We note that we only explore relatively short time scales here, at lags of 25 days or shorter. Many recent studies have focused on a stratospheric pathway of influence from the Arctic to the midlatitudes—broadly speaking, this hypothesis purports that warm temperature anomalies in the Arctic (with a particular emphasis on the Barents–Kara Sea region) drive changes in vertical wave activity, which act to modify and disrupt the stratospheric polar vortex, ultimately affecting the tropospheric circulation (e.g., Peings and Magnusdottir 2014; Sun et al. 2015; Wu and Smith 2016; Screen 2017; Zhang et al. 2018a). Twenty-five days is likely not a sufficient amount of time to capture the impacts of these lower-frequency processes, and thus, our results do not preclude the possibility of Arctic temperatures indirectly influencing the midlatitude circulation indirectly via the stratosphere on longer time scales.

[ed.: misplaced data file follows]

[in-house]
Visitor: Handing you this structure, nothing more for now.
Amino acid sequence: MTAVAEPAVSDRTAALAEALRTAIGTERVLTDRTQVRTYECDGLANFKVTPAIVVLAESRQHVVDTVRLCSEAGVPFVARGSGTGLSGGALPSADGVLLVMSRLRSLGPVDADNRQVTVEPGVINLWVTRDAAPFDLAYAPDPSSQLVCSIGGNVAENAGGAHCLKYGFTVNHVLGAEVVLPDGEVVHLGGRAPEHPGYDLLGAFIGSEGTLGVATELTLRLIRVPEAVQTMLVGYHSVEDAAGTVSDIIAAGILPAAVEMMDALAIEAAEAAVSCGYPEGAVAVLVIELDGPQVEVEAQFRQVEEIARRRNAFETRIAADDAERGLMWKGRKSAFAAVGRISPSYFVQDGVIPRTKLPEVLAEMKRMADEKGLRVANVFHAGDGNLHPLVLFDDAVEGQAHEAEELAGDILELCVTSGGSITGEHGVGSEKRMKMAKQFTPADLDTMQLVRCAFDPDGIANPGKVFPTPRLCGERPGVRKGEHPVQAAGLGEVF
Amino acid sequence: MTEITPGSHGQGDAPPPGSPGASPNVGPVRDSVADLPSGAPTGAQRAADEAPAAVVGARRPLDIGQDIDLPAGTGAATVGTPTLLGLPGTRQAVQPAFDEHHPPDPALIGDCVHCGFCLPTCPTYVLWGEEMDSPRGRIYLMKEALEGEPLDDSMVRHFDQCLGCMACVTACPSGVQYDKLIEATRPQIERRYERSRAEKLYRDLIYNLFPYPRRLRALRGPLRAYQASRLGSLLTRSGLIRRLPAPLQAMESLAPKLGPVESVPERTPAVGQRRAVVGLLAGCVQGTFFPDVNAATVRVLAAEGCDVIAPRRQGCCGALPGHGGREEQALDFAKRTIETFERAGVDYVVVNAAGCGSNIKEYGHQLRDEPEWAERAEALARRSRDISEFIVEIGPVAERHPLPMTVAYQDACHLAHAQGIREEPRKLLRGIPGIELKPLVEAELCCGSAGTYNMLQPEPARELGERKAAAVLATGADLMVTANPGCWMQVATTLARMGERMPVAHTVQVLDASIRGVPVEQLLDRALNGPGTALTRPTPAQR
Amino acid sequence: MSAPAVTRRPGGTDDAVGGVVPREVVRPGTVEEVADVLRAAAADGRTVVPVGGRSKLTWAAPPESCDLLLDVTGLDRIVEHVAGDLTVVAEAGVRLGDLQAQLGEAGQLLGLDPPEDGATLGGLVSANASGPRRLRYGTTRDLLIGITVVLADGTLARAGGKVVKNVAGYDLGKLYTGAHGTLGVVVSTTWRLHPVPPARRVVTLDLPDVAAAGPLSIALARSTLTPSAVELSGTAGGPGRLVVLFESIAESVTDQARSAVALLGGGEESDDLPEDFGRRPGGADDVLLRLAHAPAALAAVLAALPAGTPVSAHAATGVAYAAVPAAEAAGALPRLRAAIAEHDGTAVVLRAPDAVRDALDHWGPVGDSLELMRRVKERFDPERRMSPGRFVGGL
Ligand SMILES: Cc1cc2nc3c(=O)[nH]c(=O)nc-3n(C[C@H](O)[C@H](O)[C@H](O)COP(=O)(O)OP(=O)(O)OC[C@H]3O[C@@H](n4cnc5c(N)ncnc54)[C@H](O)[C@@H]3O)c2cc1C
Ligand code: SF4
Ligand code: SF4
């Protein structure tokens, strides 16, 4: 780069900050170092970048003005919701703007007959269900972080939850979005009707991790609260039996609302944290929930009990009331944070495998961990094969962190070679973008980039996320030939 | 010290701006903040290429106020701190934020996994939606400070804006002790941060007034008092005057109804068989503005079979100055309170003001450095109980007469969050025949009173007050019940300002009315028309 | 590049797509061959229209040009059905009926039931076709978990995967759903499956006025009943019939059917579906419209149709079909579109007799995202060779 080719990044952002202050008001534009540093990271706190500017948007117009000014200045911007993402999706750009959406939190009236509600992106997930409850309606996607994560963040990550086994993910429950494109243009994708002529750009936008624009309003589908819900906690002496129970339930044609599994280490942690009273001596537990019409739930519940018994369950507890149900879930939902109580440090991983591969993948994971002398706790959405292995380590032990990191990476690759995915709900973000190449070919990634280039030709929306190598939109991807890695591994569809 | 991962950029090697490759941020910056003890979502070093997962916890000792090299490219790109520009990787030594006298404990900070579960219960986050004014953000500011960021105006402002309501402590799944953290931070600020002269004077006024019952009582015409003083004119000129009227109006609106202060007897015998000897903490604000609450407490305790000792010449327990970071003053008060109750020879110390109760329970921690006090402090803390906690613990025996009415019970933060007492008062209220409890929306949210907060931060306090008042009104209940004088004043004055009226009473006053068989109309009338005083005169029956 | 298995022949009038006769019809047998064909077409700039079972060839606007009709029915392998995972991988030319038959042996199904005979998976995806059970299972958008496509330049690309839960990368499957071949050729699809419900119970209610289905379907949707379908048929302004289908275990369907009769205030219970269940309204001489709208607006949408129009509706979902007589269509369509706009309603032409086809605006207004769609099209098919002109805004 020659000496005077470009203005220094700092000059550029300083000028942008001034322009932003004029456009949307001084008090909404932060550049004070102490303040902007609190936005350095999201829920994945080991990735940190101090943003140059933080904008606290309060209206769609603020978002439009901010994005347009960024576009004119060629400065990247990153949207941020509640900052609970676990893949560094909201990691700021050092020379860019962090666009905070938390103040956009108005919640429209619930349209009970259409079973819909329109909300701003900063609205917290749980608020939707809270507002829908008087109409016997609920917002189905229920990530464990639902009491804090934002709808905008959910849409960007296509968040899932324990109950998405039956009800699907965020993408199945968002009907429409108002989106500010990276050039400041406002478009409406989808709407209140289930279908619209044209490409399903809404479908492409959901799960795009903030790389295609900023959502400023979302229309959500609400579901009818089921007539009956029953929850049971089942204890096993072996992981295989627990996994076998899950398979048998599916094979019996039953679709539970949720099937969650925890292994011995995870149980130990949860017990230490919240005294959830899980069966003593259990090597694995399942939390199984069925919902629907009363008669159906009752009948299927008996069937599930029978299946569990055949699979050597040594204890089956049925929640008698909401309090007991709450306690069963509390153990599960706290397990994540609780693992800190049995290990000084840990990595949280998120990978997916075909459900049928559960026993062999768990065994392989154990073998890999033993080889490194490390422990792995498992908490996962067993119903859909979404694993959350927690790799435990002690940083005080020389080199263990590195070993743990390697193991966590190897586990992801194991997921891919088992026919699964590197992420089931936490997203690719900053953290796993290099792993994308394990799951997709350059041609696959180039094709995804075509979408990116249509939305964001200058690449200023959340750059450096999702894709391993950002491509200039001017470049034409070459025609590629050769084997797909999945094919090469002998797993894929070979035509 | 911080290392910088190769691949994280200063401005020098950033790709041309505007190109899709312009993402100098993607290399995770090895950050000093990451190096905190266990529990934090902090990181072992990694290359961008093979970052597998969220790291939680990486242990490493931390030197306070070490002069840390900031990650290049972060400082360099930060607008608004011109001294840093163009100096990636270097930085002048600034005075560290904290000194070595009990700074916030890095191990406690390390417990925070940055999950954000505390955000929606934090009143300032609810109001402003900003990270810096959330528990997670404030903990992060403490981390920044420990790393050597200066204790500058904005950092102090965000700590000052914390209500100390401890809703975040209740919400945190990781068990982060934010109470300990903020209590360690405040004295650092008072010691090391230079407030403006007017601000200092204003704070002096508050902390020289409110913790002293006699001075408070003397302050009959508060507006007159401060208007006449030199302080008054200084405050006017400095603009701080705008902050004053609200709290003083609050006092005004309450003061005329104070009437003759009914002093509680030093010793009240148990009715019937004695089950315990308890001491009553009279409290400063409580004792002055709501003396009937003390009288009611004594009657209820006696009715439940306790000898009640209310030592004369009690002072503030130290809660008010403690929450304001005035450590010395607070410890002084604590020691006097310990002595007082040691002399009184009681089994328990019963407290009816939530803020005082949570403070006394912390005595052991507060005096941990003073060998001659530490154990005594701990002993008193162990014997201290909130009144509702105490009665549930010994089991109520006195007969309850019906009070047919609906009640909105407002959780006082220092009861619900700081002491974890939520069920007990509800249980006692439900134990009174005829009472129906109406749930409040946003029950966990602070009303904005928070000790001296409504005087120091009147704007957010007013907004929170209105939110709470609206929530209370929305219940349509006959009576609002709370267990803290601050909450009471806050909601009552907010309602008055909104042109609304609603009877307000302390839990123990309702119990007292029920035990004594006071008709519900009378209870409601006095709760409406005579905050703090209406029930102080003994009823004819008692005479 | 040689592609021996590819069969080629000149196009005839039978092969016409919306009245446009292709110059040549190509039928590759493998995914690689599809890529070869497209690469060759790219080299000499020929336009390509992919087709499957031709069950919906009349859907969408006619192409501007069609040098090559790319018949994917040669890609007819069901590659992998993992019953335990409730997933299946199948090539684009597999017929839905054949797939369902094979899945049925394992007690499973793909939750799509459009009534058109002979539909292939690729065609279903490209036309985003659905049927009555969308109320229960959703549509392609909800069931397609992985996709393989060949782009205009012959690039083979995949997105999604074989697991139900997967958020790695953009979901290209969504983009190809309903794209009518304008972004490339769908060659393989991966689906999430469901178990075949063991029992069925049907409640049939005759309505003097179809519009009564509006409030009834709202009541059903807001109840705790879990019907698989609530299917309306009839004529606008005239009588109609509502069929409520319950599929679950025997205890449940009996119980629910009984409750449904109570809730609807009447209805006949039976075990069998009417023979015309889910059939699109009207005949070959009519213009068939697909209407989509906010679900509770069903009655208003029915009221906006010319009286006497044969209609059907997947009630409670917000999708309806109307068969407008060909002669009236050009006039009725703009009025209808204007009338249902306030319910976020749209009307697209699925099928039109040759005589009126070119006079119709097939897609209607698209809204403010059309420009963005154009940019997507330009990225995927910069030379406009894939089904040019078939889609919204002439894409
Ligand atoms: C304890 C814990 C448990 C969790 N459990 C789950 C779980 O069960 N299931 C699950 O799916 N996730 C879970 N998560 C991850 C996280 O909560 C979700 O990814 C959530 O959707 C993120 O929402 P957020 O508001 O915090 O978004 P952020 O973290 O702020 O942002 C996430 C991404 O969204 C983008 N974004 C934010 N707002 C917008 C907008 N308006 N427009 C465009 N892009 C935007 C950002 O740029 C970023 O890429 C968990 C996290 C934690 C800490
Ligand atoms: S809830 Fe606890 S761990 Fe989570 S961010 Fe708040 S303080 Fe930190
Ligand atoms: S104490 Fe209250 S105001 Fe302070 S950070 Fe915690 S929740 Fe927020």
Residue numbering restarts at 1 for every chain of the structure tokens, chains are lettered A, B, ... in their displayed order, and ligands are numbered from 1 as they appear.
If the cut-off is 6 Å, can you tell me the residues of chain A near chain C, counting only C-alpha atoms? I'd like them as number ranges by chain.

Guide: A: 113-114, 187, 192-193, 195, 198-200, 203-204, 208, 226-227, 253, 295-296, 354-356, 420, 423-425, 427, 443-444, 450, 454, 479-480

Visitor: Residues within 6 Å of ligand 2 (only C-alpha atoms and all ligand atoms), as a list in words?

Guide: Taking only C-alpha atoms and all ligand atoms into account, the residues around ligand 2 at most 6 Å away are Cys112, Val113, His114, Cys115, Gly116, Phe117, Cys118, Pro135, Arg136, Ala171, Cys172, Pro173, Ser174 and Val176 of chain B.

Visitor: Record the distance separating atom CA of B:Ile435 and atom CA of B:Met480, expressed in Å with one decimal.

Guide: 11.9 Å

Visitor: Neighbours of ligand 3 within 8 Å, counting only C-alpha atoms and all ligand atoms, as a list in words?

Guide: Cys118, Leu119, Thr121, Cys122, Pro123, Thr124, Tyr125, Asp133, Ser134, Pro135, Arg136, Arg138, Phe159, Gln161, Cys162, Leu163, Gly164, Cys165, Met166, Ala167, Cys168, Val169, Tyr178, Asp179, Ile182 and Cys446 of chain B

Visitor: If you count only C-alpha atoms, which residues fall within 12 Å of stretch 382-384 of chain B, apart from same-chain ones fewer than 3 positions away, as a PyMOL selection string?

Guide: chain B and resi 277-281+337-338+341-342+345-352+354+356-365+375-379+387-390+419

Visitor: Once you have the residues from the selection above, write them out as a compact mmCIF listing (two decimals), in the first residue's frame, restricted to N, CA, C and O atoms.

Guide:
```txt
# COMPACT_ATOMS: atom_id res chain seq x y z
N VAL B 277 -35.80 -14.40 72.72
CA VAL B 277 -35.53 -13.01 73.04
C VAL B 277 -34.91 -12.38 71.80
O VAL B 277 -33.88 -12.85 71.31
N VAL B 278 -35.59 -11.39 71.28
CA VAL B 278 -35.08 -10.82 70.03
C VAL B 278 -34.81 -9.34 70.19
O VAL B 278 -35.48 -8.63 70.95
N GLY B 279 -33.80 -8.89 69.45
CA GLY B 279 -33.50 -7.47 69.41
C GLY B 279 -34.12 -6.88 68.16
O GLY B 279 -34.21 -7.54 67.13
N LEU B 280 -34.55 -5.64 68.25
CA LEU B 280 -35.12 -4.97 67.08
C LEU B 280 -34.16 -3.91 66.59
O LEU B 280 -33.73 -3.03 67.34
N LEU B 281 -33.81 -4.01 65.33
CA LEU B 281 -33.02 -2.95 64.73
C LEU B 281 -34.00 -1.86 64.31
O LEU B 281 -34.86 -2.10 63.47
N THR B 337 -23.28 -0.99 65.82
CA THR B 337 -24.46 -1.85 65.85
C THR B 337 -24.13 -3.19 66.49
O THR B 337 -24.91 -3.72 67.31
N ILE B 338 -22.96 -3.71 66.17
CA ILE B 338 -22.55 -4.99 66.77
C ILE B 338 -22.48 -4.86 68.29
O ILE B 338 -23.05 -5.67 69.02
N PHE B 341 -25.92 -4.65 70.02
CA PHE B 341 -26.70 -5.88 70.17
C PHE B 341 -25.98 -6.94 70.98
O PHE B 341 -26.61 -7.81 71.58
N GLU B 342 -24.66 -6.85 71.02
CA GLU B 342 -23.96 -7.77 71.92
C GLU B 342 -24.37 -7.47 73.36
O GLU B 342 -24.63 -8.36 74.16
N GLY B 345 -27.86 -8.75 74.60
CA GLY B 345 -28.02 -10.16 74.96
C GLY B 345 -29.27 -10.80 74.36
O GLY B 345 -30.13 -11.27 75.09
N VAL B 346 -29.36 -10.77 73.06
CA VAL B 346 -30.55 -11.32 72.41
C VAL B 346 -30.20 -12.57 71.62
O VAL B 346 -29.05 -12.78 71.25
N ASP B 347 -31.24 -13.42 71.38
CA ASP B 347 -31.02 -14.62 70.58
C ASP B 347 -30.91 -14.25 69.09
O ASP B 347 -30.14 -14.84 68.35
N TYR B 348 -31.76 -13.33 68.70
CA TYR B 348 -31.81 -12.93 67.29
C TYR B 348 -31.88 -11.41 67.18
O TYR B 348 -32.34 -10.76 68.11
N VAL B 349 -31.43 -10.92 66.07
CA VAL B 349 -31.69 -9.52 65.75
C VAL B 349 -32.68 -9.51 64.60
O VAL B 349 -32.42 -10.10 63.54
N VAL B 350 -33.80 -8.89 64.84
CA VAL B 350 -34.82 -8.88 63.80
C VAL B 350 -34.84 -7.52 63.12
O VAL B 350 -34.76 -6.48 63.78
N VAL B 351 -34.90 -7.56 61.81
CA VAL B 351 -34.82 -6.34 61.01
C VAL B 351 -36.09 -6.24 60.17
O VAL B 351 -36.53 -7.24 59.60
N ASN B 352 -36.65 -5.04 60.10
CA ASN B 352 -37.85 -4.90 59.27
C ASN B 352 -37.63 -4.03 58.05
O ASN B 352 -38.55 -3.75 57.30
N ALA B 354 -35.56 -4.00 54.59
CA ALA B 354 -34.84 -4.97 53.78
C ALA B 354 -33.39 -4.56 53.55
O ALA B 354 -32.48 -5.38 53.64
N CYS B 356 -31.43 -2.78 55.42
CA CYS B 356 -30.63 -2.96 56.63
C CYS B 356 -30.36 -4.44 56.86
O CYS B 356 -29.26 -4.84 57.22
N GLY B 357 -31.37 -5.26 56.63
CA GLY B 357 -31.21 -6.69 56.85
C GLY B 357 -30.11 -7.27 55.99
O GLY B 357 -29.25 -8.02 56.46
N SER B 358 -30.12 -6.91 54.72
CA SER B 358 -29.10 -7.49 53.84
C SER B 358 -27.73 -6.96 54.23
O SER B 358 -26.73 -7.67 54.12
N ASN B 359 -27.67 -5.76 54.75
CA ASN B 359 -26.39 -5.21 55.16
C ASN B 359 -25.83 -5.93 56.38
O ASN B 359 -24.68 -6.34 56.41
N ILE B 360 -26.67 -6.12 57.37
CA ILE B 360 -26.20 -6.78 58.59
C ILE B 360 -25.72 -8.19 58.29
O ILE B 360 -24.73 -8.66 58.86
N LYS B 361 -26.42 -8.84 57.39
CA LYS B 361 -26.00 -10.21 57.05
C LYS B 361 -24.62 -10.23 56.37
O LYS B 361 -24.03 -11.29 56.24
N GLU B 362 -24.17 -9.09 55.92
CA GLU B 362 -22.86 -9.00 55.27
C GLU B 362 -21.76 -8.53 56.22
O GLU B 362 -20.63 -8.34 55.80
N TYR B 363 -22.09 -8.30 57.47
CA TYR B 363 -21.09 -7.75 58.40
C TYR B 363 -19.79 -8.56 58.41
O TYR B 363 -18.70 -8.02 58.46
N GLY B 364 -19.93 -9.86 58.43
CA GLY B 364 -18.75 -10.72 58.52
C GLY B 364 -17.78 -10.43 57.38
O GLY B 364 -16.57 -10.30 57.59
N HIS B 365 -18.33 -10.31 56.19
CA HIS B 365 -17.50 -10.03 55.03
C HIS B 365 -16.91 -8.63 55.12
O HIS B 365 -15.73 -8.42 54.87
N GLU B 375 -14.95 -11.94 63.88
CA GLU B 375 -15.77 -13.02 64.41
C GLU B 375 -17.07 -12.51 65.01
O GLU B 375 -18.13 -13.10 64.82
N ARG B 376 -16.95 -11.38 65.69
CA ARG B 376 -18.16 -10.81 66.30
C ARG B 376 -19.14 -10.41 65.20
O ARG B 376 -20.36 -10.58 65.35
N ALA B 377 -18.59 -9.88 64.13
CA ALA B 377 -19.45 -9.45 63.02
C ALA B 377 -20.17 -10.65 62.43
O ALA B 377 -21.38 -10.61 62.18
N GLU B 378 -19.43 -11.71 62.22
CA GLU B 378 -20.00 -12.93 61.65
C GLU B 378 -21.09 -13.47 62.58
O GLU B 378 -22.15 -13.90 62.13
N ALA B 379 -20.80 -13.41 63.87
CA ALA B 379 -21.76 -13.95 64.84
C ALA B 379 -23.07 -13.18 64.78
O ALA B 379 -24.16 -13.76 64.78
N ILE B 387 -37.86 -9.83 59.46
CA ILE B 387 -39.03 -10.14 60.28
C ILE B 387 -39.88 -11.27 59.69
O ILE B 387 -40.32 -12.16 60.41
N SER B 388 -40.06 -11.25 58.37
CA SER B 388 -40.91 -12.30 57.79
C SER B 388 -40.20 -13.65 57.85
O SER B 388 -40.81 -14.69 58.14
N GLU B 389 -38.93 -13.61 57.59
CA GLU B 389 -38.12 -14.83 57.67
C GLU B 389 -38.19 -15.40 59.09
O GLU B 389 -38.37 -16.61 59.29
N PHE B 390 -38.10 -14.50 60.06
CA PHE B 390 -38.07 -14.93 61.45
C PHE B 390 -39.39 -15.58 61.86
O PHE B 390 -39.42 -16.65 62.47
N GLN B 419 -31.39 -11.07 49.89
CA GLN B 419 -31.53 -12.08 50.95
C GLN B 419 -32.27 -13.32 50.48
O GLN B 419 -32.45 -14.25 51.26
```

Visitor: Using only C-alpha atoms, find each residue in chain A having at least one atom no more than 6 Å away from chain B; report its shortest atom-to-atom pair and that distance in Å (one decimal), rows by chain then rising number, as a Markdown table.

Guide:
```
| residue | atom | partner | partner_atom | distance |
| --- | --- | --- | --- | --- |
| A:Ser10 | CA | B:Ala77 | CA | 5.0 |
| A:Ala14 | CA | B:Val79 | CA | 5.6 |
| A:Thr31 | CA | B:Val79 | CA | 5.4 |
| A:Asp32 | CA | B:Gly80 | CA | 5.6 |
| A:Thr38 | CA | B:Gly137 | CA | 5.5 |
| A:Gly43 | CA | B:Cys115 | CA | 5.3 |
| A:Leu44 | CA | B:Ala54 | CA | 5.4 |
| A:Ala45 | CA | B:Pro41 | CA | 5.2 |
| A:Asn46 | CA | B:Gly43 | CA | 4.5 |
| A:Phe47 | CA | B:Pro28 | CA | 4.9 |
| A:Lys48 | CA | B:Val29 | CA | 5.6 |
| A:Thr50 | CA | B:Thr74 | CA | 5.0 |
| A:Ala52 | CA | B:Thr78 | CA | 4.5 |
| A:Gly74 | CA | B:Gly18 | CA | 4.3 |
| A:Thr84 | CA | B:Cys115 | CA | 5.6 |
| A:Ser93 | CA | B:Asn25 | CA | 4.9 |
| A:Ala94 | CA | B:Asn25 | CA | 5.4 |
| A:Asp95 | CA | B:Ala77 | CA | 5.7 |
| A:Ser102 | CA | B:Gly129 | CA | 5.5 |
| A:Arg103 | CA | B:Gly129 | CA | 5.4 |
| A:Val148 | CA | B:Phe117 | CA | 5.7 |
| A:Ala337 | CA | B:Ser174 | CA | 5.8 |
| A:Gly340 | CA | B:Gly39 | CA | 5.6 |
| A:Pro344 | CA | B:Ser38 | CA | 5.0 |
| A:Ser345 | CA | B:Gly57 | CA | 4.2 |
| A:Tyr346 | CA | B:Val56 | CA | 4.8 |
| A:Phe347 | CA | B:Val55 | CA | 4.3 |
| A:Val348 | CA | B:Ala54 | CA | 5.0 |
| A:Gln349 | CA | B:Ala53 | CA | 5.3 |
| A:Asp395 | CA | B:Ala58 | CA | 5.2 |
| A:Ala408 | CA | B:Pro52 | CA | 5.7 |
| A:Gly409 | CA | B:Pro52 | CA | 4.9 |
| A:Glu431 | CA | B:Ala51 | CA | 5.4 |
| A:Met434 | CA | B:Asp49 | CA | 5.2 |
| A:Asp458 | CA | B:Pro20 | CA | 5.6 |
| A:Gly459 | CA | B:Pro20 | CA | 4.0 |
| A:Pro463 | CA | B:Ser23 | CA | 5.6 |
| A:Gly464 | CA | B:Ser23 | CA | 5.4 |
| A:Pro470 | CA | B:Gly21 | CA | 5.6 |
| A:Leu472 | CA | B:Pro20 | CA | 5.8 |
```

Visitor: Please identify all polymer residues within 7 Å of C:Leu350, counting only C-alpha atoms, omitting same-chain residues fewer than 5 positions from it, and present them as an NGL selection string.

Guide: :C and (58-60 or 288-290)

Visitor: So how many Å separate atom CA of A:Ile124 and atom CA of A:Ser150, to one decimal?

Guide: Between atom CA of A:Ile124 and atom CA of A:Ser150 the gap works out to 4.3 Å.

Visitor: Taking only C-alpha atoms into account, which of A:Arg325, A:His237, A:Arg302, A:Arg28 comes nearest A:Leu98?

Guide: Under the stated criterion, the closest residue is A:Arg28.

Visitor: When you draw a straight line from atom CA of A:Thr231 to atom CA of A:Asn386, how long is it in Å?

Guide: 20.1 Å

Figure 2 displays the LASSO model of Z500 driving Tpolar in units of σTpolar/σZ500 [the c terms in Eq. (1b)]. Figure 2 highlights the regions in which the circulation at each grid point (represented by Z500) Granger causes Arctic temperature variability. Again, red grid points indicate a positive lagged relationship (high height anomalies at that grid point driving warm Arctic temperature anomalies), and blue grid points indicate a negative lagged relationship (low height anomalies at that grid point driving warm Arctic temperature anomalies). At lag day 5 (Fig. 2a), many regions show a nonzero relationship between local Z500 (i.e., Z500 at that grid point) and polar temperatures. Over Alaska, the Beaufort Sea, and the east Pacific, as well as Siberia and the Barents–Kara Seas, high Z500 anomalies drive warm Arctic anomalies; over the Sea of Okhotsk and the western Pacific, and eastern Canada, and Greenland and Iceland, low Z500 anomalies drive warm Arctic anomalies (Fig. 2a), consistent with the advection of warm, moist, maritime air from the North Atlantic and North Pacific regions into the Arctic. Remotely, at lag day 5, high height anomalies over the Atlantic also drive warm Arctic anomalies (Fig. 2a). The wave-2-like anomalies in Fig. 2a resemble an enhancement of the zonally asymmetric circulation (defined as the time-mean of Z500 with the zonal mean removed; seen in Fig. 3a), with the notable exception of over western Europe, where there is no nonzero relationship in the LASSO model. Previous studies (e.g., Baggett et al. 2016; Graversen and Burtu 2016; Messori et al. 2018) have also linked Arctic warming with enhancement of the climatological planetary-scale wave activity and increased warm air advection into the Arctic.